Breeam 2008 has been revised and toughened up, with some fundamental updates to the environmental assessment method that strengthen its credibility and raise the bar
by Peter Excell
17 April 2008
The revisions to Part L of the Building Regulations, which came into force two years ago, changed many things about how we set up and run buildings. However, what is potentially the most significant change for facilities managers has rather slipped under the radar.
The new Part L tries to address the problem of many FMs being left totally in the dark about how to maintain and operate their buildings by making log books a legal requirement at handover of a new building and when any major refurbishment works are carried out.
Log books are an extremely useful and underused development. They should be prepared by the design team to provide the FM with a basic summary of the services, key information about how the systems work from a single reference point along with a design philosophy for the building.
Operation and maintenance (O&M) manuals are present in most buildings, but these are far too detailed and indigestible - they are of little use to a busy FM trying to quickly source simple information that will take him or her to the root of any problem.
Log books, created by following the template produced by Cibse in its document TM31, should ensure that whoever is left to run the building has all the information at their fingertips.
Its role is becoming increasingly important as it is the best way for an FM to monitor and record the energy performance of the building. It can, therefore, provide the vital evidence required for an energy audit for EPCs.
Meeting all these legislative requirements is important, but the significant bonus is tackling the building owner's soaring energy bills at the same time. The log book should be between 20 and 50 pages long - any less and there won't be enough information and any more will mean it is ignored. The FM signs it when he takes possession and passes it on to his successors ensuring that it is a 'dynamic' document that can be added to during the lifetime of the building as renovations and extensions are made.
Changes to building layout can play havoc with the performance of services if the original design and approach are not clearly understood. Random changes can be disastrous and are often made because the building operator is in the dark. The log book should be reviewed annually as part of the organisation's quality assurance system and an entry should be made for each.
"The general philosophy behind log books is that they should improve the understanding, management and operation of buildings resulting in lower running costs and reduced CO2 emissions," says energy management specialist Mike Malina of Energy Solutions Associates.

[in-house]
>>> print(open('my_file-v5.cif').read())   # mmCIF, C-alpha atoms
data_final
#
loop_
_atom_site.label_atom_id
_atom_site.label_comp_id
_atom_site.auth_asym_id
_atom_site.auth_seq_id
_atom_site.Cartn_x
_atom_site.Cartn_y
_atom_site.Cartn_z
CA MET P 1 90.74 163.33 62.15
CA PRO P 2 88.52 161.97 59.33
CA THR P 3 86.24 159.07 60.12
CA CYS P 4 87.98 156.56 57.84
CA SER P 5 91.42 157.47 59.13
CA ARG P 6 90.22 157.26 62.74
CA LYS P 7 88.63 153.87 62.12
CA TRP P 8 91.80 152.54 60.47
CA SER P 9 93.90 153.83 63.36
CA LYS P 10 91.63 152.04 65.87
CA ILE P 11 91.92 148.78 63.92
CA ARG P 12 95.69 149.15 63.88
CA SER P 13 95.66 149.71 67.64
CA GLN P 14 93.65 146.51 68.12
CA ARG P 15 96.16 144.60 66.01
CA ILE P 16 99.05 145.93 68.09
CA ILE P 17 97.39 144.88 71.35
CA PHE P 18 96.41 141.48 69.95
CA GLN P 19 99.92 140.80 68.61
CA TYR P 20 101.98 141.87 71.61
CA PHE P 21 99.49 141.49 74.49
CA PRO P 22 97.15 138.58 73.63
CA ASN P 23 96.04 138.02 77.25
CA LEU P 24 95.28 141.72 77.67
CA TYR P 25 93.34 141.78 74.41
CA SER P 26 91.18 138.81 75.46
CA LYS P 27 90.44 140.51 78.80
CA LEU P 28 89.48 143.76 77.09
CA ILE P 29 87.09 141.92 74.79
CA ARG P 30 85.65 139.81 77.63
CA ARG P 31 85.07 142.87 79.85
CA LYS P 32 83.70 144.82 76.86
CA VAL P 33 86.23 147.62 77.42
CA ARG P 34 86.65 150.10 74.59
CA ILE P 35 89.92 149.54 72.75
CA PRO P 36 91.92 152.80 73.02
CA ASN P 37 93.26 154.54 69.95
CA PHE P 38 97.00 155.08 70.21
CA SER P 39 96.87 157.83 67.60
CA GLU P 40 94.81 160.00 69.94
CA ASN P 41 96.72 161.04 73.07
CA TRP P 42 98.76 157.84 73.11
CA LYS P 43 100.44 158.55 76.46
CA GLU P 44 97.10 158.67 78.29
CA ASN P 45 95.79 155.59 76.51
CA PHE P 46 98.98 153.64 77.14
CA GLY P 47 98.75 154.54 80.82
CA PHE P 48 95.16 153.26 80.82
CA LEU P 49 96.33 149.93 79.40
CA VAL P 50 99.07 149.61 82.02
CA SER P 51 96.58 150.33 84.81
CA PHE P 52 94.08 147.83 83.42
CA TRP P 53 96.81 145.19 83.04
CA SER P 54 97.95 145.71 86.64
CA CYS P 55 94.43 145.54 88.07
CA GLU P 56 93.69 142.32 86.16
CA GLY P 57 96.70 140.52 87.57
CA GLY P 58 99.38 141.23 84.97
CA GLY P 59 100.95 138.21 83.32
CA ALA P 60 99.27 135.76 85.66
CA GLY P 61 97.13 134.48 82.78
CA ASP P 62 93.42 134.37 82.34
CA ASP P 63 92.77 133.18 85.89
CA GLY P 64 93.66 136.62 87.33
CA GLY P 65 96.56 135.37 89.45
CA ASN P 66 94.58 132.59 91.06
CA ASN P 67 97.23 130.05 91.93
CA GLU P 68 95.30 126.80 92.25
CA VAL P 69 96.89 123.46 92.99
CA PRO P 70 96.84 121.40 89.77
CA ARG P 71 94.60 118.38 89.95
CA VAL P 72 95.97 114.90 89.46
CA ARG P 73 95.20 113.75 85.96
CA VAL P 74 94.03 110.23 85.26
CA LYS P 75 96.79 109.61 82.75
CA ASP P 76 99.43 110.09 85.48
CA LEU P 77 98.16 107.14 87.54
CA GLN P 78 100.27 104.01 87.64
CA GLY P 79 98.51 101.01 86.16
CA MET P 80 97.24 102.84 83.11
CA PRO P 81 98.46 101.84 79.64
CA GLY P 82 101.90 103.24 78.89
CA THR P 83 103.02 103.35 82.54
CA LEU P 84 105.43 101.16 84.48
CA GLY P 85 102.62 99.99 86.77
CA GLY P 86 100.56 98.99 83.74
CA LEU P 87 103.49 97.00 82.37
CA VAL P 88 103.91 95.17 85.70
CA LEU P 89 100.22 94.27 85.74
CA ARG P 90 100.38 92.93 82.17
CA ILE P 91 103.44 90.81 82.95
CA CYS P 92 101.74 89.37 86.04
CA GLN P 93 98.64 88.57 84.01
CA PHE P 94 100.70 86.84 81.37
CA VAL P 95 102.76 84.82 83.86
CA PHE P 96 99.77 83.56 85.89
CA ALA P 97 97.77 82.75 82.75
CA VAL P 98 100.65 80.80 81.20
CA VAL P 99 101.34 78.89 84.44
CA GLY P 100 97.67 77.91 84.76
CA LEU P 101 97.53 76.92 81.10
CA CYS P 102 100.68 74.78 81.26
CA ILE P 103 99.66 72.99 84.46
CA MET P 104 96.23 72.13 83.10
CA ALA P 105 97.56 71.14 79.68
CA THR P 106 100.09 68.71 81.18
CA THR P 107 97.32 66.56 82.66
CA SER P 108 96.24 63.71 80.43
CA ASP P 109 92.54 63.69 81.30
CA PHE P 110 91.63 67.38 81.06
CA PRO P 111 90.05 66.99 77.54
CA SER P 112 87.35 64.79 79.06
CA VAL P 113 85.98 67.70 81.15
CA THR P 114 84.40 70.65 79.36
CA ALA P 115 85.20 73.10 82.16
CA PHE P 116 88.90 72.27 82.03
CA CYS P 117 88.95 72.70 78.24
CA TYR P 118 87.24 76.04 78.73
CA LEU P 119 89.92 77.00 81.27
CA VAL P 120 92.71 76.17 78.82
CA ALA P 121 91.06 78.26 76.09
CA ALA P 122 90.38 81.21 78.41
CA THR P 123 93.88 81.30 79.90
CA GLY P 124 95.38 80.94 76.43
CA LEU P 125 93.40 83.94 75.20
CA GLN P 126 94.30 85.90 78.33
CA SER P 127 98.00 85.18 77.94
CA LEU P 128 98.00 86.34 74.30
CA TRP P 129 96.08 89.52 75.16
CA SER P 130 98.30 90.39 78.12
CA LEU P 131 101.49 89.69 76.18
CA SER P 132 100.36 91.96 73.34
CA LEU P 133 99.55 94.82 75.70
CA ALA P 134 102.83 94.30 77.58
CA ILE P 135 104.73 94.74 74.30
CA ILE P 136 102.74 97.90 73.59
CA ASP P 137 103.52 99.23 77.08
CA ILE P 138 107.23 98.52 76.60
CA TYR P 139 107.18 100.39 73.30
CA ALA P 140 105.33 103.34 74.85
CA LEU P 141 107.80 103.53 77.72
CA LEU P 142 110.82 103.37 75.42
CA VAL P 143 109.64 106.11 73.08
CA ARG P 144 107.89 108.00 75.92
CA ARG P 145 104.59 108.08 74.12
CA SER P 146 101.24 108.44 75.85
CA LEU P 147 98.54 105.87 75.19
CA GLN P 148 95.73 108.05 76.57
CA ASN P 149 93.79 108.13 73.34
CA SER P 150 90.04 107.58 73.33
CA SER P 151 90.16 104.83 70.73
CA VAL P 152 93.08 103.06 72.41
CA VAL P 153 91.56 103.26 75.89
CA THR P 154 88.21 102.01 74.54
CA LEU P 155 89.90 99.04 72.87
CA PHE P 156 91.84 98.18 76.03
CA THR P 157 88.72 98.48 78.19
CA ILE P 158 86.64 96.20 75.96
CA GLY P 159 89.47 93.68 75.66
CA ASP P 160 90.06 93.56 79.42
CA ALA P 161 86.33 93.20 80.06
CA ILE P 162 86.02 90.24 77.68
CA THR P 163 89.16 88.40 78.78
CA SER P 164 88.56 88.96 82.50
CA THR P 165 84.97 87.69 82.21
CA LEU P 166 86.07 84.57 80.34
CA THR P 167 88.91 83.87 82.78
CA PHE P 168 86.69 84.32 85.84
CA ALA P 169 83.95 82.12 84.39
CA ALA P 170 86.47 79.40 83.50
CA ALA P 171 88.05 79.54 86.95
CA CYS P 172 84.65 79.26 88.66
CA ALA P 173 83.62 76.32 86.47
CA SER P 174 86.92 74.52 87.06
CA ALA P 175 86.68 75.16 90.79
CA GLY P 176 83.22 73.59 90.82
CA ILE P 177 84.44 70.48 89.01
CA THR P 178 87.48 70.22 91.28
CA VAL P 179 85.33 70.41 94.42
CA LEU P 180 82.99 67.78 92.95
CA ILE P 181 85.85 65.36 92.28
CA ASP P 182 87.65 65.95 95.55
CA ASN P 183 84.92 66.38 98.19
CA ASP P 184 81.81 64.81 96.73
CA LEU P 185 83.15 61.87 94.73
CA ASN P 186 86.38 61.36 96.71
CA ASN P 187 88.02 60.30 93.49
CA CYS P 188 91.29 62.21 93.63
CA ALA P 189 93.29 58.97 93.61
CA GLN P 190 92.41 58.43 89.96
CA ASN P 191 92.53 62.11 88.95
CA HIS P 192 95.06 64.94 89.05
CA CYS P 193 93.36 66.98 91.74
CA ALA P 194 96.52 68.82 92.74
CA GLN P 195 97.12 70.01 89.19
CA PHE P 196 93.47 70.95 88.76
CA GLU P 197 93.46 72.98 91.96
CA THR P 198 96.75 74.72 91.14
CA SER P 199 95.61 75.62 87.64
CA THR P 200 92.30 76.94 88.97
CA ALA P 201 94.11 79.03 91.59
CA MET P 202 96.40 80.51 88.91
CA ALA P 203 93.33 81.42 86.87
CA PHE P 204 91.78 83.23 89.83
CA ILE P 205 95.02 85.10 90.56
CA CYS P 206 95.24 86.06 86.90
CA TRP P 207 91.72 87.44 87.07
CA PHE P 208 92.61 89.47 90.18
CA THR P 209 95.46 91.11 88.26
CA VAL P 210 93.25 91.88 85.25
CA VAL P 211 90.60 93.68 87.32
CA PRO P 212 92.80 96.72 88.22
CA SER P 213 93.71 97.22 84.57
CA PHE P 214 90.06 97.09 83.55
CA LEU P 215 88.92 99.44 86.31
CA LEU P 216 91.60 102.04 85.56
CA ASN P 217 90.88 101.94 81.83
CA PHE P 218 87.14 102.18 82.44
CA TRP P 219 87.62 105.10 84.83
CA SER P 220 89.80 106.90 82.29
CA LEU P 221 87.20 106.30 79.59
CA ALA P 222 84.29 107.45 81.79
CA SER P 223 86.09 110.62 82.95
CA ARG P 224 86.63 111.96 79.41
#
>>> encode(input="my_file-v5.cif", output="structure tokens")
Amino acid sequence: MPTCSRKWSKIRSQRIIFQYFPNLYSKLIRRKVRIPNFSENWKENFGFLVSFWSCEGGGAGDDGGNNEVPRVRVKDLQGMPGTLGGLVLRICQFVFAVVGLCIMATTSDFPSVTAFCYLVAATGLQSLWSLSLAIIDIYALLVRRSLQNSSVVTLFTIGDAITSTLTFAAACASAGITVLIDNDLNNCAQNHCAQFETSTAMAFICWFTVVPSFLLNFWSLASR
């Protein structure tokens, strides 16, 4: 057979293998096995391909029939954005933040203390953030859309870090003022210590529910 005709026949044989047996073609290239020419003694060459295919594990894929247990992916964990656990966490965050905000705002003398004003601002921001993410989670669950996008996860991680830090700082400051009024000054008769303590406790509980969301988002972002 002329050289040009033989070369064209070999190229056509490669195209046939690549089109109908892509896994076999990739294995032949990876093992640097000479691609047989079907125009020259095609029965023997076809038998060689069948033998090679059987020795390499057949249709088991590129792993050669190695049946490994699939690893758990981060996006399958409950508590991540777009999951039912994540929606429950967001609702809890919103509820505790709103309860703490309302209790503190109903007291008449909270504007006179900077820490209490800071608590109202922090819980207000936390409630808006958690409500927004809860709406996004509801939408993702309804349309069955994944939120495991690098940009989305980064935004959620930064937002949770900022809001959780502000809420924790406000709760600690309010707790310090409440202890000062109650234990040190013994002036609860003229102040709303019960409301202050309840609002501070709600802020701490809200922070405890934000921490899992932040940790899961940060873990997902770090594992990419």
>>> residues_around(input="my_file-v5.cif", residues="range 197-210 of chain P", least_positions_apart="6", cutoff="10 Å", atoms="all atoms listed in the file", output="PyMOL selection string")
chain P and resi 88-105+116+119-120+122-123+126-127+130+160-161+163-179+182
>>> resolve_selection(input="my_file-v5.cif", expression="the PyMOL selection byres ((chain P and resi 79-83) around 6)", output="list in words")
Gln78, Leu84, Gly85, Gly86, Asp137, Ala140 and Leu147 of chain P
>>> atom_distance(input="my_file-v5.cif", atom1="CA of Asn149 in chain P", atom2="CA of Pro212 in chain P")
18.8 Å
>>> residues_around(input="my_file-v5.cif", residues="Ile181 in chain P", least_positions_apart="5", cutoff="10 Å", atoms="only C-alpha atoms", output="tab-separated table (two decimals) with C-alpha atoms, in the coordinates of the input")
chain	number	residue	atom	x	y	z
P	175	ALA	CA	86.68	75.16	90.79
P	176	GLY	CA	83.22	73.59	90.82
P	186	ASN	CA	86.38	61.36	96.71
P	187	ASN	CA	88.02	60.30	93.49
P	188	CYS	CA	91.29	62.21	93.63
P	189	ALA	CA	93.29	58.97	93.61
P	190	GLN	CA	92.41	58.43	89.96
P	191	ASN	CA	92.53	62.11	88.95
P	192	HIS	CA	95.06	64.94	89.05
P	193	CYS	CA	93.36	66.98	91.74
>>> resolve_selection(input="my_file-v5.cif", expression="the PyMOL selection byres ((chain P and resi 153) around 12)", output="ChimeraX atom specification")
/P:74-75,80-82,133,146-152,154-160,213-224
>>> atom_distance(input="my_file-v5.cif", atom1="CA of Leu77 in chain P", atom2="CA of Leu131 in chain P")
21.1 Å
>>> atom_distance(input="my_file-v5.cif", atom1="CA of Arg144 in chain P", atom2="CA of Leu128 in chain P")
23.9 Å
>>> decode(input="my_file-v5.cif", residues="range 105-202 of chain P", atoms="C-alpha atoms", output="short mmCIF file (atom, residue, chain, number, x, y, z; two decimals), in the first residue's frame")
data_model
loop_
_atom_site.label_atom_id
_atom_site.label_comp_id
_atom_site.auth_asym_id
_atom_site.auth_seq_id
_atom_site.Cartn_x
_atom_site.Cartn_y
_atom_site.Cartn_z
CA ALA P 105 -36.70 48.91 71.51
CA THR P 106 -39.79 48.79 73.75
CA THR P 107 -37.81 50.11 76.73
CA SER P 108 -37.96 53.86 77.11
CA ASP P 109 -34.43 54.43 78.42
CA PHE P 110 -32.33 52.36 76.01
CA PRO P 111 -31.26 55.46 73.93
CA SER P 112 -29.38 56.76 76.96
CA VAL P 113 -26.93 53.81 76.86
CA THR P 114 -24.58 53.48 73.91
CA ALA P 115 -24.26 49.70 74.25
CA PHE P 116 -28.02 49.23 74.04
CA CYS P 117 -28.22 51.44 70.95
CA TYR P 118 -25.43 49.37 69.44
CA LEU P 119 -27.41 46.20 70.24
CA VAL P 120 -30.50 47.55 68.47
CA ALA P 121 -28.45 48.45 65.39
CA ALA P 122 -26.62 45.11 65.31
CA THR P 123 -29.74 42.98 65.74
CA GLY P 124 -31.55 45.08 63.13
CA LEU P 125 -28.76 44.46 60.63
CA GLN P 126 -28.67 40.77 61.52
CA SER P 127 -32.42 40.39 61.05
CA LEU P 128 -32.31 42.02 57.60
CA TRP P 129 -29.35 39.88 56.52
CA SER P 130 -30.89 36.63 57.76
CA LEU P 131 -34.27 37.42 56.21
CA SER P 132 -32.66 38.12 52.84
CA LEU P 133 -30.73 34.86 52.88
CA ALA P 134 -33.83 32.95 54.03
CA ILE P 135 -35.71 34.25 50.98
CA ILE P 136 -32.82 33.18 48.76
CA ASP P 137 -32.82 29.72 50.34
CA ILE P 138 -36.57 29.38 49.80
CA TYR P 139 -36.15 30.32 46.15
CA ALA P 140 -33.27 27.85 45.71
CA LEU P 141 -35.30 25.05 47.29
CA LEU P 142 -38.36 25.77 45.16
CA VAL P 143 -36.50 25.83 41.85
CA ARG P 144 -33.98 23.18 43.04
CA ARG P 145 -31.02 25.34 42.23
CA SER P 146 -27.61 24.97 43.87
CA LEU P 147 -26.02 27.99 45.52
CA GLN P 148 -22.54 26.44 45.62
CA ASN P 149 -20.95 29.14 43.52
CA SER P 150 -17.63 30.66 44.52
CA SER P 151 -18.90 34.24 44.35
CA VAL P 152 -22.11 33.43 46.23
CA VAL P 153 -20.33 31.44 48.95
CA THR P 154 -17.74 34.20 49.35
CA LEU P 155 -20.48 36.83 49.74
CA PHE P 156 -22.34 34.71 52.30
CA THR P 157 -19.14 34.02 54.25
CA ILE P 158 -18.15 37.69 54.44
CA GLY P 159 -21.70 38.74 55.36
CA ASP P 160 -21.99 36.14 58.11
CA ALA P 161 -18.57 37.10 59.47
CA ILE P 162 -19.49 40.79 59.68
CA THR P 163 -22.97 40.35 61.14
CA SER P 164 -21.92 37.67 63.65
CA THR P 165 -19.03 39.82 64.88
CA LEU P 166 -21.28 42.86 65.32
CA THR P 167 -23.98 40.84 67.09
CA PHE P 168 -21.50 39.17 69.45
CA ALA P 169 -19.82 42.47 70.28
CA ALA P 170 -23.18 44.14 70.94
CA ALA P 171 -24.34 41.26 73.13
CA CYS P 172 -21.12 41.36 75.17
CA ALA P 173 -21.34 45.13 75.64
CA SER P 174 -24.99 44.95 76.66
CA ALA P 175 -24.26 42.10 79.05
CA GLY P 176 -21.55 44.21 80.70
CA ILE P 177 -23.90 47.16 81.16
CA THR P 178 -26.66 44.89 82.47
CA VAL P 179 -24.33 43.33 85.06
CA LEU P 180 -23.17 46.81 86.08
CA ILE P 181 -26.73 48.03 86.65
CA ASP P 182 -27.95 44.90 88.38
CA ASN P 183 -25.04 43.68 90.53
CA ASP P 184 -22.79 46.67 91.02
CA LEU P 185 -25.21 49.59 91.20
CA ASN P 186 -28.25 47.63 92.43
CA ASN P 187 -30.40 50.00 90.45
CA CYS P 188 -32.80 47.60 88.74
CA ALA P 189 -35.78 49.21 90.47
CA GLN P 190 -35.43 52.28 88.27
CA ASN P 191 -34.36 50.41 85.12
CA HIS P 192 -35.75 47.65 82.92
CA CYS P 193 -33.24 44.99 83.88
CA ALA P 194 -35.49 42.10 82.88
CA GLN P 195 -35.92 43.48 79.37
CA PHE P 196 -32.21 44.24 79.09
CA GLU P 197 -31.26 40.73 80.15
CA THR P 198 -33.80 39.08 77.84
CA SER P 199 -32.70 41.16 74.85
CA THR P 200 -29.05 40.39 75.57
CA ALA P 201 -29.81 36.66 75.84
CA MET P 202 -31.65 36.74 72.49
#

"This will also contribute to improved occupant comfort, satisfaction and productivity. Specifically, they provide a place to record ongoing building energy performance, which should help improve energy efficiency.
"However, two years after the new Building Regulations came into force log books are only present in a tiny percentage of the buildings I visit for energy audits. Local and central government must make policing this issue a key priority if we are to improve the energy efficiency of our building stock," adds Malina.
Being able to produce an up-to-date log book is the best way for an FM to be able to prove that a building complies with Part L. The Cibse guidance provides step-by-step instructions about how to complete one, what should be in it and where the FM should keep it. It also gives three examples: a large air conditioned office; a small naturally ventilated school and a very small office.
The building log book is, potentially, one of the most significant improvements created by the 2006 Building Regulations as it is the key to successful on-going operation and maintenance of buildings. Yet, few FMs have ever seen one and so are "flying blind".
FMs and the specialist teams who work with them can also take advantage of the HVCA's SFG20 best practice guidance for planned maintenance programmes, which will also help them prepare for energy performance certificates. The guidance covers all of the principal types of heating, cooling and ventilation systems commonly used in Europe and gives maintenance guidance on 66 types of equipment, including all aspects of air handling and heat generation.
If designers keep in mind the criteria detailed in the SFG20 when putting systems together, they can ensure safe, energy efficient plant operation and be sure of complying with all current legislation.
All FMs should challenge the design engineers working on their buildings to deliver against the best practice principles in SFG20. Specialist contractors should also be willing and able to provide a log book at handover - this means they will have to be properly trained and accredited.
If you haven't got a log book in your building already, isn't it time you thought about having one produced retrospectively?
Peter Excell is chairman of the HVCA's Service and Facilities Group.
FM QUICK FACTS
The Cibse's building log book template TM31 - more details at www.cibse.org
The HVCA publish a planned maintenance guide SFG20 - www.hvca.org.uk has more details